One interesting thing I learned about in school in a course called Virtual Enviroments. One of the topics was Grand Theft Auto, and how large the game world is. There are tons of buildings in that game, but however, almost all of the buildings are just empty boxes with textures. I can imagine it being impossible to create the interiors of every single building in GTA, it would take many many years to do everything, since all buildings are unique.
Today exists an algorithm that lets you generate whole cities, buildings, the outdoors enviroment, and the indoors enviroment. Corridors, multiple levels, stairways, elevators, rooms, unique items in rooms, textures etc. You only provide a few properties to the algorithm about the definition of that building. And this can be generated at runtime.

Already there are games that have used similar technologies, such as Dungeon Siege. Their game world is "infinite". Google it.

I think it will be logical for game development to go into that direction.
Procedural Graphics are quite the grail, but only if you write an algorithm that provides enough variety so that its not really noticeable that its in fact procedural. For cities and environments its absolutely the way to go.
The hard part for modelling however (especially characters) is that you need a million+ polygon model to create normal maps and other fancy things. The amount of detail applied to nowadays models is truely inmense. To apply procedural graphics to such a process is a really hard thing to do properly if you ask me Smiley

Thats not all tho, nowadays the amount of animation needed per character is quite alot aswell, concidering that you can animate parts of the body apart of eachother. Combining those luckily is part of animation programming, but its tricky challenging to write a proper animation system that uses multiple animation channels and that can properly blend animations Smiley.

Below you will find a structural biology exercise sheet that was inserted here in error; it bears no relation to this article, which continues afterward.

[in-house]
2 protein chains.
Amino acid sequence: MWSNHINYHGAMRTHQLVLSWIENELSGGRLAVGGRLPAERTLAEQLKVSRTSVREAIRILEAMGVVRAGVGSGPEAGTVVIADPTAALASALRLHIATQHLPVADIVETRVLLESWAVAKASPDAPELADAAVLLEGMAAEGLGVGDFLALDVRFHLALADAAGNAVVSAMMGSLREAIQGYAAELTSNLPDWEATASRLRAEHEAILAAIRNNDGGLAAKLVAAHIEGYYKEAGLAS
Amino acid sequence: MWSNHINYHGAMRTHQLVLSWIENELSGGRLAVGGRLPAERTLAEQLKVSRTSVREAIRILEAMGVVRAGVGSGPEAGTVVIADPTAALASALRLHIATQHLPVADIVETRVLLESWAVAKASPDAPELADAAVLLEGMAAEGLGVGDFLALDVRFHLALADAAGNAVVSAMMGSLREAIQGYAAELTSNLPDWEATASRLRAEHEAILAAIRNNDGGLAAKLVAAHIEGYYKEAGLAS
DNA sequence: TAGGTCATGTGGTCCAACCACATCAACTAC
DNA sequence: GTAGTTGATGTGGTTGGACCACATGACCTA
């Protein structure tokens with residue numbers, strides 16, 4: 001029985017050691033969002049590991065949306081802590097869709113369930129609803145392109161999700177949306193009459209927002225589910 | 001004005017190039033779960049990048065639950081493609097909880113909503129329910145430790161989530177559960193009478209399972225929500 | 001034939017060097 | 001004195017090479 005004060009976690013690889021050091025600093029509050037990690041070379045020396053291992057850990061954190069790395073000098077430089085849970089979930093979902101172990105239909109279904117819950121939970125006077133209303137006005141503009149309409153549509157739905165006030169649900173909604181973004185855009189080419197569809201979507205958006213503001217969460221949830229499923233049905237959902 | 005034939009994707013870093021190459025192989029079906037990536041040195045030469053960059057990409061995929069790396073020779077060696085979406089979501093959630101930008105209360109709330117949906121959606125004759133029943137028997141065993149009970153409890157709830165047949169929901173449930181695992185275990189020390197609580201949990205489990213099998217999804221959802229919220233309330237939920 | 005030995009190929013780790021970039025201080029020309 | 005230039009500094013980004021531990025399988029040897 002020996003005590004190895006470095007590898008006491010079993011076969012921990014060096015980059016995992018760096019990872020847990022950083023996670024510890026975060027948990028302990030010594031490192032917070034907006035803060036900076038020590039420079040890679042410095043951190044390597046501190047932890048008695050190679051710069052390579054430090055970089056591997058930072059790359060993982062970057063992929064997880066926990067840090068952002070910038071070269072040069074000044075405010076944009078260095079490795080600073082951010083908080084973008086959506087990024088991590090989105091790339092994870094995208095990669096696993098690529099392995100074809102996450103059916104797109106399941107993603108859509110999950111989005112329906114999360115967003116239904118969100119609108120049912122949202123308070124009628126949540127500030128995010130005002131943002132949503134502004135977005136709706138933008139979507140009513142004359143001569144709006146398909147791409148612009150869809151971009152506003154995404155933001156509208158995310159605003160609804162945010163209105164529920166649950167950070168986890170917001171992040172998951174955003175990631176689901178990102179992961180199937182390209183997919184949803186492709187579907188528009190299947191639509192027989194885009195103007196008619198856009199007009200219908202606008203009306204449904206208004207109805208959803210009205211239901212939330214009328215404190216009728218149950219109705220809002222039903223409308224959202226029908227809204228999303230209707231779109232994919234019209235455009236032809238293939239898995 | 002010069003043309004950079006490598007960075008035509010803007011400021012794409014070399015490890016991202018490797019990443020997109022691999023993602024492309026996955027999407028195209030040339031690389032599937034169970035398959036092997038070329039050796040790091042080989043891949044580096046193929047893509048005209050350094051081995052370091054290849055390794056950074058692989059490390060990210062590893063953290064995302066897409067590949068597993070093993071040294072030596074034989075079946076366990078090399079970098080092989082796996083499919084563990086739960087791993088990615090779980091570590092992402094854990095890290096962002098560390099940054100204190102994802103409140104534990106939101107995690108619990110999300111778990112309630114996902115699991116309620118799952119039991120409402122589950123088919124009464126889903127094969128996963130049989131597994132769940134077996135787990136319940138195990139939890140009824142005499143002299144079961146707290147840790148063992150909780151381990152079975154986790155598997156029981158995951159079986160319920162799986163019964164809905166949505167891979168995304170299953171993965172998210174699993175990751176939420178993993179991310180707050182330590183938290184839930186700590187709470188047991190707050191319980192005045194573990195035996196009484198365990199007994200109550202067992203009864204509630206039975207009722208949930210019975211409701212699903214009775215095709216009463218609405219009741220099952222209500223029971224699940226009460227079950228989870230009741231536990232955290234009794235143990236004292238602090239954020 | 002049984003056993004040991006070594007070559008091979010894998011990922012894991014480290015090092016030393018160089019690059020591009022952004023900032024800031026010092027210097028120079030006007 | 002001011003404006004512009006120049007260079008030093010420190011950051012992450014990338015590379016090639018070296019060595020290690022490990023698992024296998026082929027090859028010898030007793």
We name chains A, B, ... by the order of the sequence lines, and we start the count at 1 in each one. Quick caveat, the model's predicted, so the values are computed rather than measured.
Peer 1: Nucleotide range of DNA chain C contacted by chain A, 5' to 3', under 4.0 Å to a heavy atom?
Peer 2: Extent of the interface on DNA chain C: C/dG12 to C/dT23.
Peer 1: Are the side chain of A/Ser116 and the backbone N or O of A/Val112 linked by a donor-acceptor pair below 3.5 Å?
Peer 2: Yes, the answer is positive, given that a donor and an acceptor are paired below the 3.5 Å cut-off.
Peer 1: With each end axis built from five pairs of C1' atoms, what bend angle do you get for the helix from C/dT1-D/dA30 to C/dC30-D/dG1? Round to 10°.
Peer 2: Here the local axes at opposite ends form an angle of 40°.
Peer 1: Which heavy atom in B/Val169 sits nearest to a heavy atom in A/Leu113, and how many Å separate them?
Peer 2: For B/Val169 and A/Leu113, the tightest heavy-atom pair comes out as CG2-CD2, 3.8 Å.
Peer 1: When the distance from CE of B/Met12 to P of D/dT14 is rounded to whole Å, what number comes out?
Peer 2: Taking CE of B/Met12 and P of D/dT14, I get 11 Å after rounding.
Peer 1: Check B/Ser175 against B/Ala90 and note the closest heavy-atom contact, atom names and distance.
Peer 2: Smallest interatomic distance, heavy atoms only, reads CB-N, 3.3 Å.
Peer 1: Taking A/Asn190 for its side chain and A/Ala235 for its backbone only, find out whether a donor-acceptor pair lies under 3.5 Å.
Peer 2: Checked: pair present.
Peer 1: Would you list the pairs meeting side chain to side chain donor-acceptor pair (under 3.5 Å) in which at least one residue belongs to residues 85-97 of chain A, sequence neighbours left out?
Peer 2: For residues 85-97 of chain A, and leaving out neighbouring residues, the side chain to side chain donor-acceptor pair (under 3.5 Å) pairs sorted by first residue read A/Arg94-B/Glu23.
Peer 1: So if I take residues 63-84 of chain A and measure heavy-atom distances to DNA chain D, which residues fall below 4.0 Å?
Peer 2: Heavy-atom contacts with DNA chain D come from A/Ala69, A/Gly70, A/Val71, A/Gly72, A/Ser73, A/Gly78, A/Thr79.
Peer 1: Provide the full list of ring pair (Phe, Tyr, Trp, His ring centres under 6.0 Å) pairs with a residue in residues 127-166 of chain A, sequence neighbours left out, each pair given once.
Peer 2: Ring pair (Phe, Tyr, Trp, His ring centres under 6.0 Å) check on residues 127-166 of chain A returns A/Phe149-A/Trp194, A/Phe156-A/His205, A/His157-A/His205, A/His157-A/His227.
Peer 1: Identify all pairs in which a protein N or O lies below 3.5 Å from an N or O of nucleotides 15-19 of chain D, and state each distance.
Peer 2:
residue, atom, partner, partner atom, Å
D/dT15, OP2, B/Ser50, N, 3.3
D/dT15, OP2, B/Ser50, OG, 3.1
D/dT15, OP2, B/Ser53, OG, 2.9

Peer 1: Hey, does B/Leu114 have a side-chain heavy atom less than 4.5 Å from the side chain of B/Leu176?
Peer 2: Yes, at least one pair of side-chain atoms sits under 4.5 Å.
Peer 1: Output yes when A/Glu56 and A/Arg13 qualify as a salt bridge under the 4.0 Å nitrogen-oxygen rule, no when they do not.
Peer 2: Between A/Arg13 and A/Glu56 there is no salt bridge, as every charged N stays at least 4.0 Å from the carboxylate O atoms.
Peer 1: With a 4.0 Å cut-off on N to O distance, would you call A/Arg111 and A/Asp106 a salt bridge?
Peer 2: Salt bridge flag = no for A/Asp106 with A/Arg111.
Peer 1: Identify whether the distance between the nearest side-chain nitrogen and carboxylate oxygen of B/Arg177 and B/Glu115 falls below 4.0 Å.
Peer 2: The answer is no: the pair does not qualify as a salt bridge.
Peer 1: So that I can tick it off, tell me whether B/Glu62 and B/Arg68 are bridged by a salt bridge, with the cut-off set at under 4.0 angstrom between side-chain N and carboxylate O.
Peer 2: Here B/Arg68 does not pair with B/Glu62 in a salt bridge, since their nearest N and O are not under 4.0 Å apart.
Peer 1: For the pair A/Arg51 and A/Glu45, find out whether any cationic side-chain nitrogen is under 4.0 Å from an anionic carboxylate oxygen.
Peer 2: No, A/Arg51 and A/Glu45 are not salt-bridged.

Reducing the scope is also an option, but it puts the weight on the gamedesigner to come up with something awesome and compact at the same time Smiley
Offline appel

JGO Wizard


Medals: 50
Projects: 4


I always win!


« Reply #16 - Posted 2007-07-30 09:19:50 »

Procedural Graphics are quite the grail, but only if you write an algorithm that provides enough variety so that its not really noticeable that its in fact procedural. For cities and environments its absolutely the way to go.
The hard part for modelling however (especially characters) is that you need a million+ polygon model to create normal maps and other fancy things. The amount of detail applied to nowadays models is truely inmense. To apply procedural graphics to such a process is a really hard thing to do properly if you ask me Smiley

Thats not all tho, nowadays the amount of animation needed per character is quite alot aswell, concidering that you can animate parts of the body apart of eachother. Combining those luckily is part of animation programming, but its tricky challenging to write a proper animation system that uses multiple animation channels and that can properly blend animations Smiley.

Reducing the scope is also an option, but it puts the weight on the gamedesigner to come up with something awesome and compact at the same time Smiley